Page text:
Are YOU Turned on? Put Your Passion into Action
It’s one of my passions.
Many years ago when I worked in a regional office with a great team, I was also passionate about my work. When I later moved to the nation’s capital, where I worked for a decade before retiring in 2010, it was an ongoing struggle to remain passionate about my work. Initiative is slowly beaten out of you when you’re part of a smothering bureaucracy, where serving upwards is the order of the day. Service to Canadians was not – and still is not – the focus of senior mandarins and politicians. Unfortunately, it’s about service to self in the public service.
When I re-entered the job market in 1982, after earning a Masters degree in economics (following a couple of years working for a finance company) I was lucky to score a job with Government of Canada. The job scene was miserable in Canada and the US, but the current job situation is worse for young people.
I’ve talked plenty in past posts about globalization, its impacts on leadership and people, and the importance of continuous learning and reinventing yourself. What I’m talking about in this post is PASSION!
Passion may not pay the bills at first, but by putting your passion into action you will set yourself up to a life full of promise, hope and rewards. But you have to remain focused, unrelenting and open to change. As I’ve said in the past, be open to outcome, not attached to it.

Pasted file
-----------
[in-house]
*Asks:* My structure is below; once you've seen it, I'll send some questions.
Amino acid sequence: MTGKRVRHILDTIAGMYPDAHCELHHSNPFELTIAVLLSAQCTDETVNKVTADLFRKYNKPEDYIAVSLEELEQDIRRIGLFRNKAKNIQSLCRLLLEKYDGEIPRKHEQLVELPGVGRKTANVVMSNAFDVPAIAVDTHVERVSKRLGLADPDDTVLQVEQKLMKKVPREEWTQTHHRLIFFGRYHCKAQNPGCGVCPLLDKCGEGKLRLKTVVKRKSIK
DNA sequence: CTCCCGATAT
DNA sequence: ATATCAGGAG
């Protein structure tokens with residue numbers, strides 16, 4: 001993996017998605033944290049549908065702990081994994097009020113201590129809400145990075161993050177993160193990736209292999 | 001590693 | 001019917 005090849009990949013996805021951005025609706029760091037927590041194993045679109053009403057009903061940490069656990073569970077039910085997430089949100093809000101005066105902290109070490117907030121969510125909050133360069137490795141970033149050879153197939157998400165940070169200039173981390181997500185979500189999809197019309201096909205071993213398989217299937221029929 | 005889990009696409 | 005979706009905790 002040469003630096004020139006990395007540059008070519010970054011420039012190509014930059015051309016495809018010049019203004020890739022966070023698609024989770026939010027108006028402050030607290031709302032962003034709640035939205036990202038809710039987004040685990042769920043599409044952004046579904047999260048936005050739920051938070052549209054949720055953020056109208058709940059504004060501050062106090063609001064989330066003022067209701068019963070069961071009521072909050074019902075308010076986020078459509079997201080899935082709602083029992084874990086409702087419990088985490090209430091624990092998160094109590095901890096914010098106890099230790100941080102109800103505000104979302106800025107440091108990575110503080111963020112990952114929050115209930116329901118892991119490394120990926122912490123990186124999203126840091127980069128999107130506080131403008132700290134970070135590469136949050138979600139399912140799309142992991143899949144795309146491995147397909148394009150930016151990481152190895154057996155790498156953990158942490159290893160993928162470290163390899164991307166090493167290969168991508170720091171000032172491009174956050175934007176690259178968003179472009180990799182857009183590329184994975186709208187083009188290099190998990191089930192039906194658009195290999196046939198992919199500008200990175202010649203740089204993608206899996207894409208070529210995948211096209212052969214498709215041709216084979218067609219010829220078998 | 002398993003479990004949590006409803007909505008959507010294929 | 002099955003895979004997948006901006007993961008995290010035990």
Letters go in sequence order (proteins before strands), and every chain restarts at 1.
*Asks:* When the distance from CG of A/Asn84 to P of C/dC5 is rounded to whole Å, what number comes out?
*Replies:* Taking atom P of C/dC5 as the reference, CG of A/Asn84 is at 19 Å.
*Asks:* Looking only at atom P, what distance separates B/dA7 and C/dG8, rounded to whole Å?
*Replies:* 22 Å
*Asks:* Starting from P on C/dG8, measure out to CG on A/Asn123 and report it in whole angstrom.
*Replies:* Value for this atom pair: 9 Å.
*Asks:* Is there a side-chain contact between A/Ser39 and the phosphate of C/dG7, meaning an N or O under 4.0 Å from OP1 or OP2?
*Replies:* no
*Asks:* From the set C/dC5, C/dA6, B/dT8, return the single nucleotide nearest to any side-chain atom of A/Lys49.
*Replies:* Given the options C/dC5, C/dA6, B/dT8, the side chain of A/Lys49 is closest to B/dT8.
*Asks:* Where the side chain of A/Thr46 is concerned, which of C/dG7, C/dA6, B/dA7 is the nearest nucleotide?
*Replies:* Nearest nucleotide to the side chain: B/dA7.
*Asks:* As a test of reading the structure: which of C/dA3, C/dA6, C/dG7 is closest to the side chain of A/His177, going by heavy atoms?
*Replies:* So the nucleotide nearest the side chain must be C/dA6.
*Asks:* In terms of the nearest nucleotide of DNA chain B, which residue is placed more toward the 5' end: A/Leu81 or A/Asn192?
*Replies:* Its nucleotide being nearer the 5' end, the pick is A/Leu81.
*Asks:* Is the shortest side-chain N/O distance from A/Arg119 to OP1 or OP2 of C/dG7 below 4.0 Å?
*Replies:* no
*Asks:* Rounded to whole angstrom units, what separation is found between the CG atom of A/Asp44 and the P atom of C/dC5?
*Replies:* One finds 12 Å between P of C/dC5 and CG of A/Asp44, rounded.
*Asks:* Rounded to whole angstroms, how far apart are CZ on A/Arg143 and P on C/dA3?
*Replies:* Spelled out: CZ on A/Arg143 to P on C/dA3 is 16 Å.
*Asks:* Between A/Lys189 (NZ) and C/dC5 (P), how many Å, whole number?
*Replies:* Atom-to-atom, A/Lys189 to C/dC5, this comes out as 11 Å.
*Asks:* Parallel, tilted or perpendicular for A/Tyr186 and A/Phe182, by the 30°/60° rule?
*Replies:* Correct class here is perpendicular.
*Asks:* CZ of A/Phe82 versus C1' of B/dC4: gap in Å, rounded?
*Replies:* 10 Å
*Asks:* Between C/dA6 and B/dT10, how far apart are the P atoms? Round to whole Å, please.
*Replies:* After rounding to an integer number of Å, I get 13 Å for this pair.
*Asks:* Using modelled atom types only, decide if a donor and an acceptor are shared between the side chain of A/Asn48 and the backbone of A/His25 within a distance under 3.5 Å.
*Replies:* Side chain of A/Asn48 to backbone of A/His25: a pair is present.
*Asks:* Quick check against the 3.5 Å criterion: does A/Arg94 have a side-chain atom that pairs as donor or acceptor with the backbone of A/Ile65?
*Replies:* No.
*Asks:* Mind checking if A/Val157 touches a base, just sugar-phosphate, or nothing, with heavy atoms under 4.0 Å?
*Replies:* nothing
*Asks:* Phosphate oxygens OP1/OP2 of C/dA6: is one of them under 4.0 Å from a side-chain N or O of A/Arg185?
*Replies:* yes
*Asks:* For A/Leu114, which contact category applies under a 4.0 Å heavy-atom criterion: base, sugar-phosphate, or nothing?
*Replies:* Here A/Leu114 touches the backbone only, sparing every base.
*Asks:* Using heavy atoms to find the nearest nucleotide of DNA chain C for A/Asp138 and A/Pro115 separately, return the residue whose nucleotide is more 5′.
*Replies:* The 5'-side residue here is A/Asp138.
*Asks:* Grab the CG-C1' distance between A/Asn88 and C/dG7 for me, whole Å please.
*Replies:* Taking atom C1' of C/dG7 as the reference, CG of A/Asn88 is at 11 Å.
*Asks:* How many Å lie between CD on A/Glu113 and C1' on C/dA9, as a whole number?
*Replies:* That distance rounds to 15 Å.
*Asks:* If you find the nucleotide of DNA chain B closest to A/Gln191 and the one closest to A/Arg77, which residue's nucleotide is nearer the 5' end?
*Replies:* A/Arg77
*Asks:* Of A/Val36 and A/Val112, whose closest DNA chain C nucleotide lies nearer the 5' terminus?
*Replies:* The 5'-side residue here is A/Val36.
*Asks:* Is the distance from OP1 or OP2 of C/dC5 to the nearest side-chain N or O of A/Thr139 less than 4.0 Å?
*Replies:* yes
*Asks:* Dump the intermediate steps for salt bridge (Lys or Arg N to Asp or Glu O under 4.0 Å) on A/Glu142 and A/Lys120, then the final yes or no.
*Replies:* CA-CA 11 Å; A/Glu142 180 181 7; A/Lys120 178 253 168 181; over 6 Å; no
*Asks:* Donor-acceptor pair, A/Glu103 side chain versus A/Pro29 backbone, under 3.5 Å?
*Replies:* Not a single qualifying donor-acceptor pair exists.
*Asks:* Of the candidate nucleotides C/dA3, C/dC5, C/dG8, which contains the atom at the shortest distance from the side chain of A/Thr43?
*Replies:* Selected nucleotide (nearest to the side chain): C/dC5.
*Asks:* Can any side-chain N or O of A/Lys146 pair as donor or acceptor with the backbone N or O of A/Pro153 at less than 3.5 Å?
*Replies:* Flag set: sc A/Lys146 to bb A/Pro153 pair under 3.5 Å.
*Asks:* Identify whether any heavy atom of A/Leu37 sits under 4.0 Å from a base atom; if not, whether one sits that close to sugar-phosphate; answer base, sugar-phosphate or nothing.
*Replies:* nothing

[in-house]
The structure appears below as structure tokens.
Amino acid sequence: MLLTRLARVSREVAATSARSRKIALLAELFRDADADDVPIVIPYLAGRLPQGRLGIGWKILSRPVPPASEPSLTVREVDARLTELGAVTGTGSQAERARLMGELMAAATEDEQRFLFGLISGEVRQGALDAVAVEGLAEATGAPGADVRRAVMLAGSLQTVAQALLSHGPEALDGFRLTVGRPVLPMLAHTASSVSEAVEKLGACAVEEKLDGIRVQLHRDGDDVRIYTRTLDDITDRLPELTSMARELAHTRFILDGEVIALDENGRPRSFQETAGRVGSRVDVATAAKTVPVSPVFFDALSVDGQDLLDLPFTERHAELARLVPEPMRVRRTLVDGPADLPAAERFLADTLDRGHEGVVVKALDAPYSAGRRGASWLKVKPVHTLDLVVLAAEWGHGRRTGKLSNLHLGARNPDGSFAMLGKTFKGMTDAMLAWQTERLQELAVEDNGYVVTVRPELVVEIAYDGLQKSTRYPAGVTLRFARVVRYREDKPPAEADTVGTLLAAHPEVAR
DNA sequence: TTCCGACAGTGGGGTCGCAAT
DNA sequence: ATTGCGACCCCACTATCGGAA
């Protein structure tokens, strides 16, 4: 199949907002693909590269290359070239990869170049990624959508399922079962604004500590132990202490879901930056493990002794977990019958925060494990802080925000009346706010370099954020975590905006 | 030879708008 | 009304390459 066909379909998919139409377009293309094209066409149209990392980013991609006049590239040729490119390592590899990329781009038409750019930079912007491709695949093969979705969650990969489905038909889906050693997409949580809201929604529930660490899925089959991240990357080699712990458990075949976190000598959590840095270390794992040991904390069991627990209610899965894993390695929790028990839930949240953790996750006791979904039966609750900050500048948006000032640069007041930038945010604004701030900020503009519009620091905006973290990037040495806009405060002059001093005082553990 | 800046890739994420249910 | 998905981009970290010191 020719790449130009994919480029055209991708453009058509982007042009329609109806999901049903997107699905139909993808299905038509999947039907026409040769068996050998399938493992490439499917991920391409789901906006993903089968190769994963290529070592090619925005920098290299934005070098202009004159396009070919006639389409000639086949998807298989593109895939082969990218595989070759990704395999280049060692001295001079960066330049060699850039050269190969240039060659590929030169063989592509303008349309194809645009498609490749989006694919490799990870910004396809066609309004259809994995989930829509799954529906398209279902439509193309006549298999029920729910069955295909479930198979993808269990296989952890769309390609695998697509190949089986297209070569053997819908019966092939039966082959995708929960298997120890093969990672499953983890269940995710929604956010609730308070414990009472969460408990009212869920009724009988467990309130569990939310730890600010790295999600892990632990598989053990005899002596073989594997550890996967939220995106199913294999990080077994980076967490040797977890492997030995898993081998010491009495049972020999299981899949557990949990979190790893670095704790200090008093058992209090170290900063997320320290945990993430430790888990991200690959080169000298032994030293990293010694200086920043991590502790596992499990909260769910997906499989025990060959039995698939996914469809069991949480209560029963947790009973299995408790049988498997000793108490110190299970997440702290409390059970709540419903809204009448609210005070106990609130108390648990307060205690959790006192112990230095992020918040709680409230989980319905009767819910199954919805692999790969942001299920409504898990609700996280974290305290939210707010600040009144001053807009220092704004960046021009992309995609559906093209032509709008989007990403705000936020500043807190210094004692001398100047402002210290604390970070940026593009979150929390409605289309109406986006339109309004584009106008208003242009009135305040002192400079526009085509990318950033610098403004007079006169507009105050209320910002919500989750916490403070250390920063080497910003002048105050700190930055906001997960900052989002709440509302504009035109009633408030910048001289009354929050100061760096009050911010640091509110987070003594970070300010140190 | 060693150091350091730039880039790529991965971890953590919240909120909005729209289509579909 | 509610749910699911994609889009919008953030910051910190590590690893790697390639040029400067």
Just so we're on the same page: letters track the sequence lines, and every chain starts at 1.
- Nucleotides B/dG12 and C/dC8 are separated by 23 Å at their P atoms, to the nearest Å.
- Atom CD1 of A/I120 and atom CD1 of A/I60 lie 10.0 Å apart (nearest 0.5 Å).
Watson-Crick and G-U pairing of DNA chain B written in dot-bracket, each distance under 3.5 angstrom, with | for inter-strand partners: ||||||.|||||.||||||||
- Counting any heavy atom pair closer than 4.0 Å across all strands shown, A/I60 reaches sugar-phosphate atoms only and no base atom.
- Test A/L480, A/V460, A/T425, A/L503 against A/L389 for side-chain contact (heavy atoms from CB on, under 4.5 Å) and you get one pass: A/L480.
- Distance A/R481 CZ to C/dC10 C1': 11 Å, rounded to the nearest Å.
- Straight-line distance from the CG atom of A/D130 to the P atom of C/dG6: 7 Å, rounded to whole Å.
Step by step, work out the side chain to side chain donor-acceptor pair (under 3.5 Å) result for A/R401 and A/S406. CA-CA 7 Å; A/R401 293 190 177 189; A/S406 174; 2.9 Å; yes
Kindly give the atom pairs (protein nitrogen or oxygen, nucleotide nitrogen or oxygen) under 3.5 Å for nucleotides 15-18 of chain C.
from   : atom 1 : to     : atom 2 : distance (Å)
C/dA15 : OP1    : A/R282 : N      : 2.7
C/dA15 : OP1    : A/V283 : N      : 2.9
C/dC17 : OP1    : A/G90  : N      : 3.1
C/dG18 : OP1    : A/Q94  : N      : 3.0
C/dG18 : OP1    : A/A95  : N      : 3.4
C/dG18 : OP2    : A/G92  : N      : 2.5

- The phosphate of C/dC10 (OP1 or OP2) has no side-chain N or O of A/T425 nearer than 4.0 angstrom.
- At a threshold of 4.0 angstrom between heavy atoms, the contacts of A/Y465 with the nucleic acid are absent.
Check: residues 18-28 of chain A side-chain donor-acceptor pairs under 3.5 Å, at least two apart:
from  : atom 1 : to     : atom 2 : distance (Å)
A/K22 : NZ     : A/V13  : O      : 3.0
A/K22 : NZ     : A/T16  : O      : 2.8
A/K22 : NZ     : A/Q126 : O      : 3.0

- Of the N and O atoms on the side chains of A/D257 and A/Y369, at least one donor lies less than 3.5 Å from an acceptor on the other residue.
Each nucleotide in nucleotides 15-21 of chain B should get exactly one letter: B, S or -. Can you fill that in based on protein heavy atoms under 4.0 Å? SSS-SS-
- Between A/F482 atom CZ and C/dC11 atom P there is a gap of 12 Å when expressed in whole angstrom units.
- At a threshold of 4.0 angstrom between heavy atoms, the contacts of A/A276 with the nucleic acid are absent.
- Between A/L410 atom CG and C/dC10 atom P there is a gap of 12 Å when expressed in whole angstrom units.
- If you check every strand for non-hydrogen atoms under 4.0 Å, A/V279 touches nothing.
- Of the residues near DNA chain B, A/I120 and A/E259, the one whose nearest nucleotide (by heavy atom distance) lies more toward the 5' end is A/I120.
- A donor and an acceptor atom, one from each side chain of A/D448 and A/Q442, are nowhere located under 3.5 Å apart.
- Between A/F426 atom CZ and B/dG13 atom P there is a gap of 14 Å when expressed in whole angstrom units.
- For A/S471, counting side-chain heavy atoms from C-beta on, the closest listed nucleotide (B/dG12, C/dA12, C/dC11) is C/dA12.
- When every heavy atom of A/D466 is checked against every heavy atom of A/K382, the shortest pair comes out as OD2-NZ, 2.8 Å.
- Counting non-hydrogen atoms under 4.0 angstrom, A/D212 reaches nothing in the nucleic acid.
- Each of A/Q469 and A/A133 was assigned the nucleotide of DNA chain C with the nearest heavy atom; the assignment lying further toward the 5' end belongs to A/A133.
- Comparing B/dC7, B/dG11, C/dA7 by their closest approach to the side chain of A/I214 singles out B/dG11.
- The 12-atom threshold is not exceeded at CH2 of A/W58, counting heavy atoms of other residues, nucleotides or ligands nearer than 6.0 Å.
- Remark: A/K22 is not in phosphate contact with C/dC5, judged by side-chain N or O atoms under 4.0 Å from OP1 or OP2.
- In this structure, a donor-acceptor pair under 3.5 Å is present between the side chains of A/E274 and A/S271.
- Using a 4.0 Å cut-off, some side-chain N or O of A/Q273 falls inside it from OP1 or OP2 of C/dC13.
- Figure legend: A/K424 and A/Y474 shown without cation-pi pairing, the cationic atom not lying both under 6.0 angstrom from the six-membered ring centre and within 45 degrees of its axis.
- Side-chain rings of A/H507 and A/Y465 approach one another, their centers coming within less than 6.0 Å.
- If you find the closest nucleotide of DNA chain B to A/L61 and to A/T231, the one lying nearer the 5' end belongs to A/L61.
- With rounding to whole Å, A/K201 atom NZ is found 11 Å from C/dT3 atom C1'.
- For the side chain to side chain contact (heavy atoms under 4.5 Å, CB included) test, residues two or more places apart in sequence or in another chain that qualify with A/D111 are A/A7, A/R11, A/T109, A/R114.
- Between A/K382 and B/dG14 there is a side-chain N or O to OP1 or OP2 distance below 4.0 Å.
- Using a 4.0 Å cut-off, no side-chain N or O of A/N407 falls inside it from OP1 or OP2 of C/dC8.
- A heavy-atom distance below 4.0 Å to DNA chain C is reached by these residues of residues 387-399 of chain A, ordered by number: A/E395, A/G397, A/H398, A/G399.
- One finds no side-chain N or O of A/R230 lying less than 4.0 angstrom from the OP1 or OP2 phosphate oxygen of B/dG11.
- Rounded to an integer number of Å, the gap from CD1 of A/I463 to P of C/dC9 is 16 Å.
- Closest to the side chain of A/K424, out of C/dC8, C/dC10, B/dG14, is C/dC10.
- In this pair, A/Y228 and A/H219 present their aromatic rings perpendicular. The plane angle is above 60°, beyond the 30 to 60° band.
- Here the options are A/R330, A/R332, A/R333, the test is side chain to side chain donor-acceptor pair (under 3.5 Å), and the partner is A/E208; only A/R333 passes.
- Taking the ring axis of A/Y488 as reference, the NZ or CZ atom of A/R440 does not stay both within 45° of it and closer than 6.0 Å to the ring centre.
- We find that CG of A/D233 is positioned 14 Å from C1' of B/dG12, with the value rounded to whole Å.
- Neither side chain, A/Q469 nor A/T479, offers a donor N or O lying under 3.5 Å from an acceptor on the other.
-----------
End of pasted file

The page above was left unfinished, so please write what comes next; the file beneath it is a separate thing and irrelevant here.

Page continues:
The photo in this post was taken at the Ottawa Blues Festival in July 2010. I love the blues. One of the musicians I happened to watch one steaming hot afternoon was Shane Dwight, born in San Jose, California, but who moved to Nashville to get his career started.
Shane plays what I’ll call alternative blues-rock. He was really good and showed his appreciation to the audience. One humorous point came when he exclaimed, bathed in sweat from a 100F temperature after delivering a blistering guitar solo, “I didn’t know that Ottawa got this hot!” And then he laid into his guitar for more great riffs.
I’ve watched hundreds of musicians, driven them around as a volunteer and carried their equipment. Most musicians earn crap for income. They typically carry side jobs to pay the bills. But what makes them unique is that they’re passionate about what they do. I’ve thought a lot about how musicians bring such joy to society, whether the talented up-and-comer who supplements her income by waiting on tables, or the well-known musician who took a wrong turn down drug alley. The Jazz, Blues and Rock genres are replete with these cases.
It’s unfortunate that many people in mainstream society can’t get as passionate about their work. I recall many instances of past co-workers who had hidden talents, but who outside of the office led fascinating lives. Some were excellent singers, others painters and photographers, and some did extraordinary community volunteer work. But as soon as they, along with the rest of the staff, entered the office, they put on their work-face, complying with corporate edicts and not rocking the boat.
Take some time to reflect on what fires up your passion and how you approach life. What is YOUR life’s work?
All of us are here on this Earth with Work to do, but your Work has nothing to do with your job.
– Barbara DeAngelis
Photo by J. Taggart (Shane Dwight, Ottawa Blues Fest, 2010)
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